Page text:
Reliable estimates require reliable data. The only way that you can estimate time and resources for a task is to know the time and resources required for similar tasks in the past. Each homework assignment illustrates important aspects of compiler technology and also provides an opportunity for you to develop personal baseline data for project planning.
This course deals with the problem of translating programs that are understandable to human beings into code that is understandable to a computer. In order to study this problem, you must have some understanding of the common properties of programming languages and computer architectures. You will gain a deeper insight into these topics as the course progresses, but you need to be able to discuss them intelligently before you can participate effectively.
One of the ways to measure your grasp of the material is to try to explain various aspects of languages and machines. In this assignment you are asked to give such explanations for specific features. The intent is not to test your memory, or your familiarity with a particular language or machine. Instead, we are interested in your ability to reason from descriptions in the literature, to see consequences of design decisions, and to express your conclusions clearly and convincingly.
If you have trouble understanding these question, if you don't know where to find relevant facts, or if you don't see how to frame your conclusions, please verify that you have satisfied the prerequisites for this course. You may also wish to discuss your background with the instructor in that case.
This and all subsequent homework solutions must be accompanied by a summary of your time estimates and the actual times you spent in various phases of the life cycle. To complete this summary, you need to keep a record of the time you spend on various tasks. Chapters 1 through 3 of Humphrey give an overview of the mechanics of this process. After gathering the information, enter it into the database for this course.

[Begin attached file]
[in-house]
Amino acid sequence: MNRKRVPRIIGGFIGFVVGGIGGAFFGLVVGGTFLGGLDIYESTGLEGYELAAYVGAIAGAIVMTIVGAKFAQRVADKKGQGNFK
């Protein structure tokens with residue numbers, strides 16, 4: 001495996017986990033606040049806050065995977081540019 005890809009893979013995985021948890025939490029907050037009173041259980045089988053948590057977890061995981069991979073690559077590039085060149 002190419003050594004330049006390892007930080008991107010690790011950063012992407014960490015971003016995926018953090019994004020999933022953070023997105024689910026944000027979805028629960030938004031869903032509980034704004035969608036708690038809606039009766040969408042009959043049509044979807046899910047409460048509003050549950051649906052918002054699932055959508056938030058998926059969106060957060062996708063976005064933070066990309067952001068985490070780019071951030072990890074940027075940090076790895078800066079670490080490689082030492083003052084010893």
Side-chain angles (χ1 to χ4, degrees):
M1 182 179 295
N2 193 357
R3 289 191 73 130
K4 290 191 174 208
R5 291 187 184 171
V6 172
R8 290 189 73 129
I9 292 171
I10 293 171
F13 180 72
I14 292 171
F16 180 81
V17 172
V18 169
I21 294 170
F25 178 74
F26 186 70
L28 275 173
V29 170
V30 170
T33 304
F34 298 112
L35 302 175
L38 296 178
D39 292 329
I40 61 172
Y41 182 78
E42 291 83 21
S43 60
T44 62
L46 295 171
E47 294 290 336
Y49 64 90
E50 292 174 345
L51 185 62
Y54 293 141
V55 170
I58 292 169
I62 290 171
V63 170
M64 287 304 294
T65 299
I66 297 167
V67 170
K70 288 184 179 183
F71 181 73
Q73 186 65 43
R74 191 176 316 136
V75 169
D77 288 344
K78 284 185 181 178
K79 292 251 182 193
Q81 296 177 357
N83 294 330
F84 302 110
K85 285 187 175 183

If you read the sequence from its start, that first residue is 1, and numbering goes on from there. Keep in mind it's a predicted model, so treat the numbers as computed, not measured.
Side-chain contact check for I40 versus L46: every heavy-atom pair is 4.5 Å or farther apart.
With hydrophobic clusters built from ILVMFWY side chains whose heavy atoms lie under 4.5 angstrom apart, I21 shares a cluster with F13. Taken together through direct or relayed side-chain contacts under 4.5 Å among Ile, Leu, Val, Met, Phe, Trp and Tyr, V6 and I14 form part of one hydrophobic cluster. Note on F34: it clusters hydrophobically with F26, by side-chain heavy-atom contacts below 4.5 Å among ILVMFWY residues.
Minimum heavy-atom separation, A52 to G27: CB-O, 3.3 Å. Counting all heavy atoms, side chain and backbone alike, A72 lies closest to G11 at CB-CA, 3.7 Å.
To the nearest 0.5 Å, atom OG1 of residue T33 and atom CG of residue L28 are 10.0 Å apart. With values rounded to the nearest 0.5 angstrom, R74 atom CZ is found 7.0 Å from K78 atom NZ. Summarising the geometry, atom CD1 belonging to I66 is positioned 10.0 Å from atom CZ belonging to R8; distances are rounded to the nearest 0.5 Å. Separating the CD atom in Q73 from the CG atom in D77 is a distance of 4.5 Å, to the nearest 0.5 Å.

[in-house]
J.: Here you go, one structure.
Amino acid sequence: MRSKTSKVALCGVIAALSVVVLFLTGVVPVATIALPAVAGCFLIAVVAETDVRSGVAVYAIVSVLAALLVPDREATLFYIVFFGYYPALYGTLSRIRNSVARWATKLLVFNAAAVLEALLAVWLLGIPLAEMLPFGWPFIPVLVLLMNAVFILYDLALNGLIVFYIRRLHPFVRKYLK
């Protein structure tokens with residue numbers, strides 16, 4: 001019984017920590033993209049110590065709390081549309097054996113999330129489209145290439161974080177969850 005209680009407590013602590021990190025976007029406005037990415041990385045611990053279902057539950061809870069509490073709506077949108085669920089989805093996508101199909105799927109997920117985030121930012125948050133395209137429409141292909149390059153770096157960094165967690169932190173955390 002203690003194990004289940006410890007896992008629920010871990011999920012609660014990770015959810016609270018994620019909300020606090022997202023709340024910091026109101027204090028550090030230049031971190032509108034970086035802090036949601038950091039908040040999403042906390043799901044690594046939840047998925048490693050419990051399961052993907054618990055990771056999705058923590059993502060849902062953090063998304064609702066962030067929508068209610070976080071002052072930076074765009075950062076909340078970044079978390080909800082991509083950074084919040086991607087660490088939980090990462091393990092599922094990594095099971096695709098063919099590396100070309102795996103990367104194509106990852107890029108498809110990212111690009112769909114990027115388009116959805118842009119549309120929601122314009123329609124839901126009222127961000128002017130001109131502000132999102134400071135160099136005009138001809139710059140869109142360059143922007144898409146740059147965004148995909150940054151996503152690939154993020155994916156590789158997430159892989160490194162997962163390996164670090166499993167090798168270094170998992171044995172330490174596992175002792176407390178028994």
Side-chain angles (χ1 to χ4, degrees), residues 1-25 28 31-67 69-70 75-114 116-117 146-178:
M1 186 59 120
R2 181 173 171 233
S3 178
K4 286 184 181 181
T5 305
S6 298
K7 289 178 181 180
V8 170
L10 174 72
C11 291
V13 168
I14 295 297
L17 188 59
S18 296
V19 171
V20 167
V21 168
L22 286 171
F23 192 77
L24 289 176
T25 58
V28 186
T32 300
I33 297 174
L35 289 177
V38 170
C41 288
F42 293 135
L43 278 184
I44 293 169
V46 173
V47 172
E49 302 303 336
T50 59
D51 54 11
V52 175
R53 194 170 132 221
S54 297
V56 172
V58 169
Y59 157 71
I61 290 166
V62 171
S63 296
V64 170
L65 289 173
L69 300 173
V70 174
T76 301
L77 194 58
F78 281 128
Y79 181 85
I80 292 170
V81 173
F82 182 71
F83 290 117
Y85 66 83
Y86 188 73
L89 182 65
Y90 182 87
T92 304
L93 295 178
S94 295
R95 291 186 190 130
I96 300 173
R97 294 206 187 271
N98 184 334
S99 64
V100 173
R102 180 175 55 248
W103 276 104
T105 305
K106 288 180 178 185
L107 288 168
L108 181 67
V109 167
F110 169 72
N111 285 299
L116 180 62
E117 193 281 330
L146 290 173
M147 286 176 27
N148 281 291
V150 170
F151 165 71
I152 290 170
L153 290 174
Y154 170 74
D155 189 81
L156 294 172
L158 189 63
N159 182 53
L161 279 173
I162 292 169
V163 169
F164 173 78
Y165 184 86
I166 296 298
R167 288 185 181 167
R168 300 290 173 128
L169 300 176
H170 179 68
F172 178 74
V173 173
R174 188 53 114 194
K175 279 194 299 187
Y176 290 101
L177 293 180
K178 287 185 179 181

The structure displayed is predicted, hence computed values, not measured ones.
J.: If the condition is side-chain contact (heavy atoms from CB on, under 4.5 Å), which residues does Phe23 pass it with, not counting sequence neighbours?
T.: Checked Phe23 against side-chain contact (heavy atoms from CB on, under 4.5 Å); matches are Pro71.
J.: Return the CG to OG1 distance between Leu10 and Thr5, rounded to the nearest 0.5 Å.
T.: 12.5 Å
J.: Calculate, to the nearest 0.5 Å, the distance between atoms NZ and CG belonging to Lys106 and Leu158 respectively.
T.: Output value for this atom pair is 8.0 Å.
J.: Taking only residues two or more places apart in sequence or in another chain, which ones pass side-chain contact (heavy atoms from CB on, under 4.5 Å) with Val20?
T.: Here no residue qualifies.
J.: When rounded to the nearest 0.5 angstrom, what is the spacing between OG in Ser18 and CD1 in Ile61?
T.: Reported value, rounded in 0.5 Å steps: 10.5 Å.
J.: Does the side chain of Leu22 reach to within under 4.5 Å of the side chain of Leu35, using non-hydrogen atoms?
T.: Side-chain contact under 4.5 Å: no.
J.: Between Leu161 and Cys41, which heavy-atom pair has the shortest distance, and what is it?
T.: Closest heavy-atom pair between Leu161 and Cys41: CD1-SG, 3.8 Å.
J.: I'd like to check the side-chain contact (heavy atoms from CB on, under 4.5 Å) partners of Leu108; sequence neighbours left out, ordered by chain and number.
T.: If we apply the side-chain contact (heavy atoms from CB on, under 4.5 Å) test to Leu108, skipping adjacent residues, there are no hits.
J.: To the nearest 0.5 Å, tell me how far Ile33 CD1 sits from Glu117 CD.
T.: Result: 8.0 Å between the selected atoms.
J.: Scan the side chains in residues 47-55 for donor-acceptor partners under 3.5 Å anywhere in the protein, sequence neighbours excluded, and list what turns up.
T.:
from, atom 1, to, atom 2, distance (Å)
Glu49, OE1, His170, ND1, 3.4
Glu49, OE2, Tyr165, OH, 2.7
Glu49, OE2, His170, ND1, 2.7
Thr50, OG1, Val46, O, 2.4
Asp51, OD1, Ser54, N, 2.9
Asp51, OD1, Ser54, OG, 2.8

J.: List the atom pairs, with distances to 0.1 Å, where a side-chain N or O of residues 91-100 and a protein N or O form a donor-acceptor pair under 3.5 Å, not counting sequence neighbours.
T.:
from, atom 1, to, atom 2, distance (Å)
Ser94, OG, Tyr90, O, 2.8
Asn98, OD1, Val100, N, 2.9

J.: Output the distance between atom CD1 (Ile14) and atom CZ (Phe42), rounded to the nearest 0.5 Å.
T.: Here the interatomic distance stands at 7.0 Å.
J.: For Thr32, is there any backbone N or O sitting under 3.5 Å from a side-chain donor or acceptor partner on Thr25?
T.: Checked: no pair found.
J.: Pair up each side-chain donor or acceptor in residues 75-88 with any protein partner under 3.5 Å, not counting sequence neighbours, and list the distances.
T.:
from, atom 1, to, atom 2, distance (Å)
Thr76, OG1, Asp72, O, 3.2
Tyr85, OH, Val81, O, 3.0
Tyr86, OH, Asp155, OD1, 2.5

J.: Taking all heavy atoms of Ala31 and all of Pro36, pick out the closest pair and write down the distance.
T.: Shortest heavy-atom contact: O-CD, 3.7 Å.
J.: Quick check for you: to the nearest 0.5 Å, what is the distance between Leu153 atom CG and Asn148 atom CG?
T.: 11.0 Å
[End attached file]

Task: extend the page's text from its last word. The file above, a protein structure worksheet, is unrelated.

Lynn Carter has provided a general treatment of the personal software process and its relationship to this course. As a part of this discussion, he gives specific guidance on applying it to each of the homework problems. You should carefully read his advice for this assignment.
Answer the following questions. Feel free to consult any textbook, but remember that common languages have standard definitions and many textbook authors fail to adhere religiously to the appropriate standard when discussing the features of a language. They may feel that the standard is too complex for a student, or they may actually not be familiar with the standard themselves. Whatever the reason, the result may be misinformation.
As compiler writers, we must hold ourselves to a higher standard in order to ensure that we actually implement the defined language or clearly specify how we deviate from it. In particular, since we will be using C as our implementation language in this course, you should answer all questions about C with respect to ANSI/ISO 9899-1990. This document is available in the Engineering Library, and is permanently on reserve.
CLRL q MOVL m,r test: CMPL r,n BLSS exit SUBL2 n,r INCL q BR test exit:
Would you prefer one of these two implementations over the other? Carefully explain the reasoning behind your answer.
Complete your personal postmortem for this assignment and your personal project plan for the next assignment, and submit them via the web before class on the due date of this assignment. Your group must hand in one set of answers to the questions at the beginning of class on the due date.
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